Fire extinguishers at surgery a health risk according to report

A doctor has defended his surgery after out-of-date fire extinguishers contributed to an underwhelming report from the Care Quality Commission.

Wednesday, 4th May 2016, 1:14 pm
Updated Wednesday, 4th May 2016, 2:17 pm
The Lime Tree Surgery, Findon Valley. Picture: Derek Martin
The Lime Tree Surgery, Findon Valley. Picture: Derek Martin

The Lime Tree Surgery in Lime Tree Avenue, Worthing, was rated as ‘requires improvement’ by the independent healthcare regulator in a report published on April 18.

It highlighted safety and management as areas of concern, despite the surgery receiving ‘good’ ratings for the quality, effectiveness and responsiveness of its care.

Two out of 20 fire extinguishers on the site were a month out of date, which doctor David Mannings attributed to a clerical error.

The report also mentioned that the surgery didn’t have a warning sign for a treatment room where oxygen was stored.

The Lime Tree Surgery provides primary medical services to more than 13,000 patients and treatment for residents of four nearby nursing homes.

Dr Mannings from Worthing has been working at the practice for more than 30 years.

He said he was disappointed with the results of the report but was confident that staff could turn around the fortunes of the surgery.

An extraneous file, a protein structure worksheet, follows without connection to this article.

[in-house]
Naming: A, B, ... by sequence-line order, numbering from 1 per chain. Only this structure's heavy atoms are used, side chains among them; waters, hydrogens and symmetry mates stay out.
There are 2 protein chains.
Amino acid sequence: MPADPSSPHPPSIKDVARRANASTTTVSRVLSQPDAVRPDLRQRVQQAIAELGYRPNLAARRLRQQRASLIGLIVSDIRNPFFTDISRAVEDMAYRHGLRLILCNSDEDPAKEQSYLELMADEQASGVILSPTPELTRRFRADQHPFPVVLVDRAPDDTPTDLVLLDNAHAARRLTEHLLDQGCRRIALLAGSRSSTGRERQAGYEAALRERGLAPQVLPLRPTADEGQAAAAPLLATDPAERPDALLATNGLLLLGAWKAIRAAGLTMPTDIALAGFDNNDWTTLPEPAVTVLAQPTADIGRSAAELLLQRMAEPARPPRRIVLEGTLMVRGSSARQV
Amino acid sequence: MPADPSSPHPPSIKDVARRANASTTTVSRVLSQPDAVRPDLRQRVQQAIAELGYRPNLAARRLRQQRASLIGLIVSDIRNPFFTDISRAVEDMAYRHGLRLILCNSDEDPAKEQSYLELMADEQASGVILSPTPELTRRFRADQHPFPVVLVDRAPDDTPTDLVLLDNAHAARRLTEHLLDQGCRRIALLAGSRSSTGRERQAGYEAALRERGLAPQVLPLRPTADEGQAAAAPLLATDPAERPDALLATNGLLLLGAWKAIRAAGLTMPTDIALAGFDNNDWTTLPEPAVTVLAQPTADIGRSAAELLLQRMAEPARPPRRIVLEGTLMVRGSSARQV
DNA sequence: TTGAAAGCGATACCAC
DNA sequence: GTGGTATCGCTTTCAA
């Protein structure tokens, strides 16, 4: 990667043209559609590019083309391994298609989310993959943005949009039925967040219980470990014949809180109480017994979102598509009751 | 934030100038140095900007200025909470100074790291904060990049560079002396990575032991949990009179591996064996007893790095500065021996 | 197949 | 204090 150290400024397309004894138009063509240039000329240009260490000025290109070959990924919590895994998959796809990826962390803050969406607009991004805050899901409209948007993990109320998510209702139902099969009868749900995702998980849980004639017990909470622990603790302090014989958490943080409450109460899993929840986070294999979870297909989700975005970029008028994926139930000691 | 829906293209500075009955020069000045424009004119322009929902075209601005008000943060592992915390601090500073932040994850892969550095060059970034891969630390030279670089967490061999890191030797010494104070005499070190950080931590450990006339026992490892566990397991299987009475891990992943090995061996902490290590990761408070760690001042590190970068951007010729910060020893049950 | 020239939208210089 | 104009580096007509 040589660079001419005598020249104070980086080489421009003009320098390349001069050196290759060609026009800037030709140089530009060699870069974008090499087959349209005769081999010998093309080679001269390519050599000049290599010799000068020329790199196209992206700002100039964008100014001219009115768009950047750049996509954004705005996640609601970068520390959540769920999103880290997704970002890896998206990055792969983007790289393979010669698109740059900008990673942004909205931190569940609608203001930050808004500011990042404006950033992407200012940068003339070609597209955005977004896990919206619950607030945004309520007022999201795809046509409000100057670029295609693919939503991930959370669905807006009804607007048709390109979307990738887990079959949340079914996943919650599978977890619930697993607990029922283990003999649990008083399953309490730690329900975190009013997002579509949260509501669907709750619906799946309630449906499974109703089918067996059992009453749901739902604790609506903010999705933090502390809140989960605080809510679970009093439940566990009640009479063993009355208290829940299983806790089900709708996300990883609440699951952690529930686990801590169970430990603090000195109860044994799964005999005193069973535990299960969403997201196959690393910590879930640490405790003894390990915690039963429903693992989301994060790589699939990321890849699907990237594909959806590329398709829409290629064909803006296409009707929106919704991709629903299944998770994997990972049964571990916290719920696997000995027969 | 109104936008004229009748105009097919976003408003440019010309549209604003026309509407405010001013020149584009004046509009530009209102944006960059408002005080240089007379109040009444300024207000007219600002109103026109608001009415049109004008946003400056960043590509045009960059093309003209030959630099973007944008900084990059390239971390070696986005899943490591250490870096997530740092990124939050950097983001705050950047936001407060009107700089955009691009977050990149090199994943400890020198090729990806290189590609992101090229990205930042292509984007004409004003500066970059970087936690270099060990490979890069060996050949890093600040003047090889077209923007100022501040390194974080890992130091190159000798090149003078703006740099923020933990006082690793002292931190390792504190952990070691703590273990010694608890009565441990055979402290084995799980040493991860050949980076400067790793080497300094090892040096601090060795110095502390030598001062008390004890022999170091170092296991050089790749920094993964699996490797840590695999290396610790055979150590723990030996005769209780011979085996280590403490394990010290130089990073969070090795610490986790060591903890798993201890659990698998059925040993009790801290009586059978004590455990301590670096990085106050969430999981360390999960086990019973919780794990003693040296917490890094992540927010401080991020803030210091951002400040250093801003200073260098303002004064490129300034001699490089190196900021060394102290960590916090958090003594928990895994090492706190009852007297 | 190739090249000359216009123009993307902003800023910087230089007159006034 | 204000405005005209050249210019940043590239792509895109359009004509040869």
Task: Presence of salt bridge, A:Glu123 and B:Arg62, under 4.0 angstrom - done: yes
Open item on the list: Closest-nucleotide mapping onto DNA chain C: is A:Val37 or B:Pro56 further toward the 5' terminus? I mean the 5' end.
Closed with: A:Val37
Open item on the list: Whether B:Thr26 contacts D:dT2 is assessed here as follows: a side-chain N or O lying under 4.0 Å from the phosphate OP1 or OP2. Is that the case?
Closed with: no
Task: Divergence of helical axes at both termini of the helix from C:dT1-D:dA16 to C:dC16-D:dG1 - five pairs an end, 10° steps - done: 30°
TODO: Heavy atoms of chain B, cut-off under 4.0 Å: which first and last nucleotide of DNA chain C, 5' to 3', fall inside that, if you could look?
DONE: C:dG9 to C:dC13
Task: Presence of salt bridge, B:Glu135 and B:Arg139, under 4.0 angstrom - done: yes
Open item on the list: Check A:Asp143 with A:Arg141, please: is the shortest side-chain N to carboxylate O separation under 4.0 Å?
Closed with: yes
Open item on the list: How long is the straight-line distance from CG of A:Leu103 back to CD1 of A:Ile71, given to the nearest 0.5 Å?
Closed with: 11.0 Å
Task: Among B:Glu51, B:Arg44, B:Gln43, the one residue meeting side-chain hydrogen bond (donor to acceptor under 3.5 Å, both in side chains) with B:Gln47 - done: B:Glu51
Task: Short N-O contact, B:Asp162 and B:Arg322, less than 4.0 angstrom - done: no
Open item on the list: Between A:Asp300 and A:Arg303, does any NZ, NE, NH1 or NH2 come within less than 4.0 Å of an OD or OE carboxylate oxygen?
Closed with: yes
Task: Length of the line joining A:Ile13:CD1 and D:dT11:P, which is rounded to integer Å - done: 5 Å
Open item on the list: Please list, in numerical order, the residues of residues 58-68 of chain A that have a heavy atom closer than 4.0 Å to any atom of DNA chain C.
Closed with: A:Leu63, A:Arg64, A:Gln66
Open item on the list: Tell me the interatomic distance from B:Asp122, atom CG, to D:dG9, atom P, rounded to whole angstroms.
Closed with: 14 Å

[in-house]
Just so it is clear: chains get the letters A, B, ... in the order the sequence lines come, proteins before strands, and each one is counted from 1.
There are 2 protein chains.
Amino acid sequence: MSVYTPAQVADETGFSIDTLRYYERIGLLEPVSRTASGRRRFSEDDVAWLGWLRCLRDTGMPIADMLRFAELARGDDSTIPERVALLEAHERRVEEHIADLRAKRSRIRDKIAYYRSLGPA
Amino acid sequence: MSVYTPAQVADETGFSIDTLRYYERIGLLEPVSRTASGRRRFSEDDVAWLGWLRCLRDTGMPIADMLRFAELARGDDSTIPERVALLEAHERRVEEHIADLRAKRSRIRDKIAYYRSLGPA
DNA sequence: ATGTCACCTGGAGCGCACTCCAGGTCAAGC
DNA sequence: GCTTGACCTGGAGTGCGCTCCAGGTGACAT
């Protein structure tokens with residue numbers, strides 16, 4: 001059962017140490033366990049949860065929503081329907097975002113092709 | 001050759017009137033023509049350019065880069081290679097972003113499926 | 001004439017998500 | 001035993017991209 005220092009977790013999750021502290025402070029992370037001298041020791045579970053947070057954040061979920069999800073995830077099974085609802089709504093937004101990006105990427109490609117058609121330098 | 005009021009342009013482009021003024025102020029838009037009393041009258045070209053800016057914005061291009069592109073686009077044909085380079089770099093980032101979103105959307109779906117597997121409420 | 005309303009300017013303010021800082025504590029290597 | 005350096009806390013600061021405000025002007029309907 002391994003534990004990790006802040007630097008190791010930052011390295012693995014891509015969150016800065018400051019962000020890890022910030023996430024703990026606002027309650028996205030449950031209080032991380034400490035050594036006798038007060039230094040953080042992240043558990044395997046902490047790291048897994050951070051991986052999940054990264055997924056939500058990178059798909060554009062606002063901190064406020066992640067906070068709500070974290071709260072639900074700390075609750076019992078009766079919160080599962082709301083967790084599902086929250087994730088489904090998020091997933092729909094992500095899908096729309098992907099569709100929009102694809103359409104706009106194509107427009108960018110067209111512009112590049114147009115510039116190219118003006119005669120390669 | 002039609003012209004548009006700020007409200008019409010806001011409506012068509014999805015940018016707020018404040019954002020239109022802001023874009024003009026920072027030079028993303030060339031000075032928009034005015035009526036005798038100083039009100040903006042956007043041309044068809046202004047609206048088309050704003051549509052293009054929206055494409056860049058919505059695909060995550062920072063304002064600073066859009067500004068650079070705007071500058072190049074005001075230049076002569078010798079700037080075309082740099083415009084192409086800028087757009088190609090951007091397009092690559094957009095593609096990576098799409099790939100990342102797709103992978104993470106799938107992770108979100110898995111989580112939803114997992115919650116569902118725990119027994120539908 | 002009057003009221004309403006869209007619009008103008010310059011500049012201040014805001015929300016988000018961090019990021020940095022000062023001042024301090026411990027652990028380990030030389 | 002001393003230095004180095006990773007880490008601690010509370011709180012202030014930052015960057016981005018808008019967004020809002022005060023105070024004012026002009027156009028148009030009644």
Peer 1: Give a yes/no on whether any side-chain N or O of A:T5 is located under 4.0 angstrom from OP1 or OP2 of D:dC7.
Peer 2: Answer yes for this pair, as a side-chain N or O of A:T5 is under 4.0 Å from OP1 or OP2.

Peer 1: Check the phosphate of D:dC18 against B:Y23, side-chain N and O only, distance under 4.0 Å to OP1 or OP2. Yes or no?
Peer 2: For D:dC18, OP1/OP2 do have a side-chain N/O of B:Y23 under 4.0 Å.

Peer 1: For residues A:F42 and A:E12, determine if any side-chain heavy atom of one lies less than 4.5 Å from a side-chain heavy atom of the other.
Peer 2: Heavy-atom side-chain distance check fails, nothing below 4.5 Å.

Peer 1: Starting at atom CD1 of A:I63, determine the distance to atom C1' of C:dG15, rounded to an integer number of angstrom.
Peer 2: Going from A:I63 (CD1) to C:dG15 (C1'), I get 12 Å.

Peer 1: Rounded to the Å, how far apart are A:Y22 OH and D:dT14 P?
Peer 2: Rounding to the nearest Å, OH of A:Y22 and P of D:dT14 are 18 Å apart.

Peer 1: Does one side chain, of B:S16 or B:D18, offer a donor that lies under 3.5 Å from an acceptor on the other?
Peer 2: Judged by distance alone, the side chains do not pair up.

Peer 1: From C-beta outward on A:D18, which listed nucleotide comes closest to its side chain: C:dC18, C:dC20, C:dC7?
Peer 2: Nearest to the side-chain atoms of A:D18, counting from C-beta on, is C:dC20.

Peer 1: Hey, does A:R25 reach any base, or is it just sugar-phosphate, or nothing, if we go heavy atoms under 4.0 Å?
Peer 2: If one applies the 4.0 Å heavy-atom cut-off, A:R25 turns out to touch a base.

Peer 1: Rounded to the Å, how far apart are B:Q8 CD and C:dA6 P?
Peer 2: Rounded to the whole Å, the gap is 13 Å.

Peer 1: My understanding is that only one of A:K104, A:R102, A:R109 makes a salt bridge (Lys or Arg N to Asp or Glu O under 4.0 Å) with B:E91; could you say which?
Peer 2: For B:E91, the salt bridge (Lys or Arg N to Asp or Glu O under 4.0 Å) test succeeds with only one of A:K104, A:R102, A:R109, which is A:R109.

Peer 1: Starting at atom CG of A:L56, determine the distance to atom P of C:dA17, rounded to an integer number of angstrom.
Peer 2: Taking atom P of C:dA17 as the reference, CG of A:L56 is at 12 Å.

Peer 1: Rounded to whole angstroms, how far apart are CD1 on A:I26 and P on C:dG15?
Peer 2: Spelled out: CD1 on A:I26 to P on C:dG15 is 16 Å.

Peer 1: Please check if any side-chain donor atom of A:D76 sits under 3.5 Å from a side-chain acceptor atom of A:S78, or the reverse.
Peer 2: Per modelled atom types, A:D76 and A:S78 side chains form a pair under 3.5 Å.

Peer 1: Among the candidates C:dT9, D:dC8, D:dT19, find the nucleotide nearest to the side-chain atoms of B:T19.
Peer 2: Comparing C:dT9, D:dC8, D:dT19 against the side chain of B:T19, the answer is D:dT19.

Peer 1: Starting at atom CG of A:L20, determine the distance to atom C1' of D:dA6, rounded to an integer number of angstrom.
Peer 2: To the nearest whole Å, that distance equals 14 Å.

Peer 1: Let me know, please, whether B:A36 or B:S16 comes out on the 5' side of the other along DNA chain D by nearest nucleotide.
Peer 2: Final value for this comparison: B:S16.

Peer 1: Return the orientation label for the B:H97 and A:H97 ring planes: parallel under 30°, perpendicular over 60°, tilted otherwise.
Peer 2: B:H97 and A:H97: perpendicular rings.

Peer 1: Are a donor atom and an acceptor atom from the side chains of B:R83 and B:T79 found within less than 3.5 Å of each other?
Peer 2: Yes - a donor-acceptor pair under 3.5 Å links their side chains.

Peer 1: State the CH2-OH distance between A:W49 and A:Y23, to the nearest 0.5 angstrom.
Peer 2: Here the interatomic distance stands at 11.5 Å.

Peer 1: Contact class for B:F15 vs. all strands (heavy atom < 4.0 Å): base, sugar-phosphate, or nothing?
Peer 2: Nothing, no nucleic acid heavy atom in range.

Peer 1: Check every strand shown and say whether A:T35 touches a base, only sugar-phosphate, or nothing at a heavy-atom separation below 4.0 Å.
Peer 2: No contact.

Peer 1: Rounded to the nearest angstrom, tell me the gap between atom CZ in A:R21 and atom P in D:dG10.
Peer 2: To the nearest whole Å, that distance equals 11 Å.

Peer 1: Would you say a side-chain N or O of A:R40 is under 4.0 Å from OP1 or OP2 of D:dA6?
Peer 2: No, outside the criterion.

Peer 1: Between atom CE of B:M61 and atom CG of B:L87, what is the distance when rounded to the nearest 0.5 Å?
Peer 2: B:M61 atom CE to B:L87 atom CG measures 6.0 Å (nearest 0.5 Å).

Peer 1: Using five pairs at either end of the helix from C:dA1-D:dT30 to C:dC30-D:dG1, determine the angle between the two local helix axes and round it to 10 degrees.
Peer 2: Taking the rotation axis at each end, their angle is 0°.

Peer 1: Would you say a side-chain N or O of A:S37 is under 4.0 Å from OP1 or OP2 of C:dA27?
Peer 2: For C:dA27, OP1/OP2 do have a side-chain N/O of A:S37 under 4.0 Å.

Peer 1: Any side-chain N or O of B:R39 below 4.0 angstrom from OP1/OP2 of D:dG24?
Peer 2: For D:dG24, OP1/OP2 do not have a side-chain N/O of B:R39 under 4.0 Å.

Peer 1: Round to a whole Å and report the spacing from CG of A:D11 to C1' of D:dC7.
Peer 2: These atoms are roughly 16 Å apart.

“It was something we thought we had under control. A member of staff accidentally filed a letter which said that fire extinguishers would need replacing, which is why it happened.

“We take it very seriously and will be corrected as soon as we get them replaced.

“We now have two people going through letters to avoid this happening again.”

The report also found leadership to be sub-standard, despite highlighting a ‘clear vision and strategy to deliver high-quality care’.

Dr Mannings said this was due to four overdue staff appraisals which will be completed by the end of May.

“The CQC inspector will come back in six months and all the outstanding issues will be addressed by then.

“I don’t believe it’s a reflection of the care we offer. My feeling is if we are caring and the patients are happy, that is the most important thing and patient feedback is extremely positive. I’m not denigrating health and safety but it’s a question of perspective.”